October 16, 2020


Even before COVID hit, Australia was rapidly transitioning towards a cashless society. With cash becoming a thing of the past, it’s important to teach kids the value of the dollar and how to give back.

To stop kids of the 21st century thinking our little plastic cards hold a never-ending stream of money, it is important to show them the value of just one dollar to give back and to help those less fortunate.

For those looking for some cost-effective ways for young kids to give back, here are our top five recommendations:

Donate used bottles and cans:

When you have kids, it isn’t uncommon to go through many drink containers in one week. Instead of putting them in kerbside recycling, take your kids down to their local recycling machine where each eligible bottle can be exchanged for 10 cents. While there, they will also have the opportunity to donate some of their 10c refunds to TOMRA’s new ‘Bottles Can Change Lives’ appeal which is raising crucial funds for OzHarvest, Beyond Blue and The Salvation Army to support Aussies doing it tough during COVID-19. Go to bottlescanchangelives.org.au to find your nearest recycling machine.

Knitting for cats

Donating isn’t just about helping people in need, it applies to our furry friends too. If you are good with a knitting needle or love to crochet, try getting your kids involved through the Cat Protection Craft Club. Cat Protection Society is a no-kill shelter, meaning that they look after a variety of cats until they find their fur-ever homes and as a result, the company is always in need of blankets and toys. With patterns for blankets and toys for both beginners and experts, everyone is able to make and donate something the cats will love.

Go through your pantry

Everyone knows Aussies went a little crazy at the beginning of 2020, stocking up on tinned items and toilet paper that we will never use. Food pantries, food banks and food rescue programs are available across the country to collect food and redistribute it to those in need. Teach your kids to give back to those less fortunate by taking them through your pantry and showing them what they can donate to the local food rescue charity.

Find a dollar, give it away

Kids love a treasure hunt, so next time you give them some extra pocket money for completing their weekly chores, get them to look out for specially marked dollar coins. The Royal Australian Mint has recently produced millions of “Donation Dollars” as their way of taking part in this year’s International Day of Charity. The new coins in circulation act as a daily reminder for Aussies to help charities in need. Even for those without the cash to spare, just one dollar makes a difference.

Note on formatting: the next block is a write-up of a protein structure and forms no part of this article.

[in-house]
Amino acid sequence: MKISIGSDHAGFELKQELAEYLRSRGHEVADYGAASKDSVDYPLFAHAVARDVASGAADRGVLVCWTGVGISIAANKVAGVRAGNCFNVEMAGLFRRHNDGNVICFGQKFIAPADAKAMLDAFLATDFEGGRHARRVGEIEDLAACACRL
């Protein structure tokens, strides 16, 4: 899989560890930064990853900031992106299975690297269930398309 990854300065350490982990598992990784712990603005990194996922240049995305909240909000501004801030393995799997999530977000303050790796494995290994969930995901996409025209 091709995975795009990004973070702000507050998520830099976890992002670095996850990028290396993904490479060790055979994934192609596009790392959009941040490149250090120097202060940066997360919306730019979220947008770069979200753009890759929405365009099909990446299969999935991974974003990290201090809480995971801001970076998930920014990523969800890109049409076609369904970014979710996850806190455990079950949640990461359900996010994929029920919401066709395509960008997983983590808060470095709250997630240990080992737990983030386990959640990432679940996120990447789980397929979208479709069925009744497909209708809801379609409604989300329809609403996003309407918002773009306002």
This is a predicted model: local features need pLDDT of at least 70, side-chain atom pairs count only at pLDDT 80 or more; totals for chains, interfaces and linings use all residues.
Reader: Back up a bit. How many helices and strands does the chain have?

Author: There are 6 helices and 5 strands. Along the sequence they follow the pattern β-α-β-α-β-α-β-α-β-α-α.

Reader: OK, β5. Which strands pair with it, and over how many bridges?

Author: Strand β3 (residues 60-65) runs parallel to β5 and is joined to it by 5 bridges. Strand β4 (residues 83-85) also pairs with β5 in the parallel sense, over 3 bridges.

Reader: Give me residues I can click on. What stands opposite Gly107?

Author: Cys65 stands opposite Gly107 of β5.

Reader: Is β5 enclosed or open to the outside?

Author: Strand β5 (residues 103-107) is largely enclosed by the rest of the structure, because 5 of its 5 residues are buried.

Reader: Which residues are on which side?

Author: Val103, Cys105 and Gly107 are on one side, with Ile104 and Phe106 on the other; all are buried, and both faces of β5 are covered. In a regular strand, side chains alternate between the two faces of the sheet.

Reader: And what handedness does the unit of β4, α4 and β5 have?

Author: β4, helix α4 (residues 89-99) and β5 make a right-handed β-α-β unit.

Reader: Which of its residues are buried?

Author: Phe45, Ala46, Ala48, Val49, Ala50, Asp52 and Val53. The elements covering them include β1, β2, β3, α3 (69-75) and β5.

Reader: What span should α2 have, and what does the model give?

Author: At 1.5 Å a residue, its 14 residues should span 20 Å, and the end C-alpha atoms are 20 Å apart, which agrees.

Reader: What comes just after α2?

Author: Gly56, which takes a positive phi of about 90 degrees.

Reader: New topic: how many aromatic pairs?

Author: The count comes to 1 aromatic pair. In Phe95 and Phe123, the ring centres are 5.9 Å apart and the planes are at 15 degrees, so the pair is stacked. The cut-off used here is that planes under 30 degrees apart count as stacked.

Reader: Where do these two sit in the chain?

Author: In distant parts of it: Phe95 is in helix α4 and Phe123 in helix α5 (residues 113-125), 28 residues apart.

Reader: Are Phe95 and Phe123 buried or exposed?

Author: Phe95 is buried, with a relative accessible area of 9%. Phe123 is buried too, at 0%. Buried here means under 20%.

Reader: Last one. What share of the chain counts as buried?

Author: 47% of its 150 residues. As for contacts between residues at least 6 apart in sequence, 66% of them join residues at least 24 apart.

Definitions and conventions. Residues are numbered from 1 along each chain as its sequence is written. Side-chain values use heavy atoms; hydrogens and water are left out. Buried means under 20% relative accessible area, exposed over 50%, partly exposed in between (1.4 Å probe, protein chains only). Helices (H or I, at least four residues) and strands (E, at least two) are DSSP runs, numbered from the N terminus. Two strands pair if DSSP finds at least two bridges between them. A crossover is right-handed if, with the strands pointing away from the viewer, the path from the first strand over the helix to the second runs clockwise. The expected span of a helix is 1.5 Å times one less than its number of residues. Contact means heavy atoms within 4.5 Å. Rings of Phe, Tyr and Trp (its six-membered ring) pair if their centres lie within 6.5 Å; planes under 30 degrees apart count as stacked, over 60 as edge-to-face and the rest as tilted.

Help native wildlife

Donating doesn’t need to cost a cent. In fact, it can be as simple as helping your native wildlife have easy access to fresh water and a place to cool down during the heat of summer. Once it starts to heat up, encourage your kids to fill up a small tub of water and place it in the backyard. This way native birds, koalas and other animals can get some much-needed respite from the hot sun.

What do your kids do to give back? Tell us in the comments below.

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  • If kids visit elderly grand parents for fun, sleepovers such as special movie nights or special outings where possible – and not just for free babysitting care – it brings great joy for both and can build very special relationships.


  • We do lots of things to give back and donating bottles and containers is easy and donating food too. There are so many ways to give back and teaching kids at a young age to give back has long term benefits for communities.


  • I like the idea of this post. I’m going to start thinking a lot more about instilling this value with my kids. Thanks for the ideas so far.


  • lots of little contributions can make a difference to so many. Very important to teach kids


  • So many great ideas and tips that kids could do


  • Great tips. I have never heard of the knitting for cats one. Thats a fantastic idea.


  • We have water bowls and food bowls in the front yard for strays.
    Any leftovers are taken out to the bowls and we always ensure there’s water in the other bowl.
    We also buy bird seed and scatter it around the yard for the birds.
    I feel so sorry for ibis’ and how their homes all got destroyed so whenever I see one in the yard, bub and I will go inside and get some bread to feed it.


  • I need to need to look at that knit for cat. Thx

    • Yes I haven’t heard of it either


  • My kids save the lids off milk bottles for “Lids for Kids” – it turns the lids into things like ramps to assist disabled kids.

    • So good !

      • Instilling these values early in life is so important! Well done!


  • Never heard of knitting for cats before. Glad people are giving to others and teaching their children as well.


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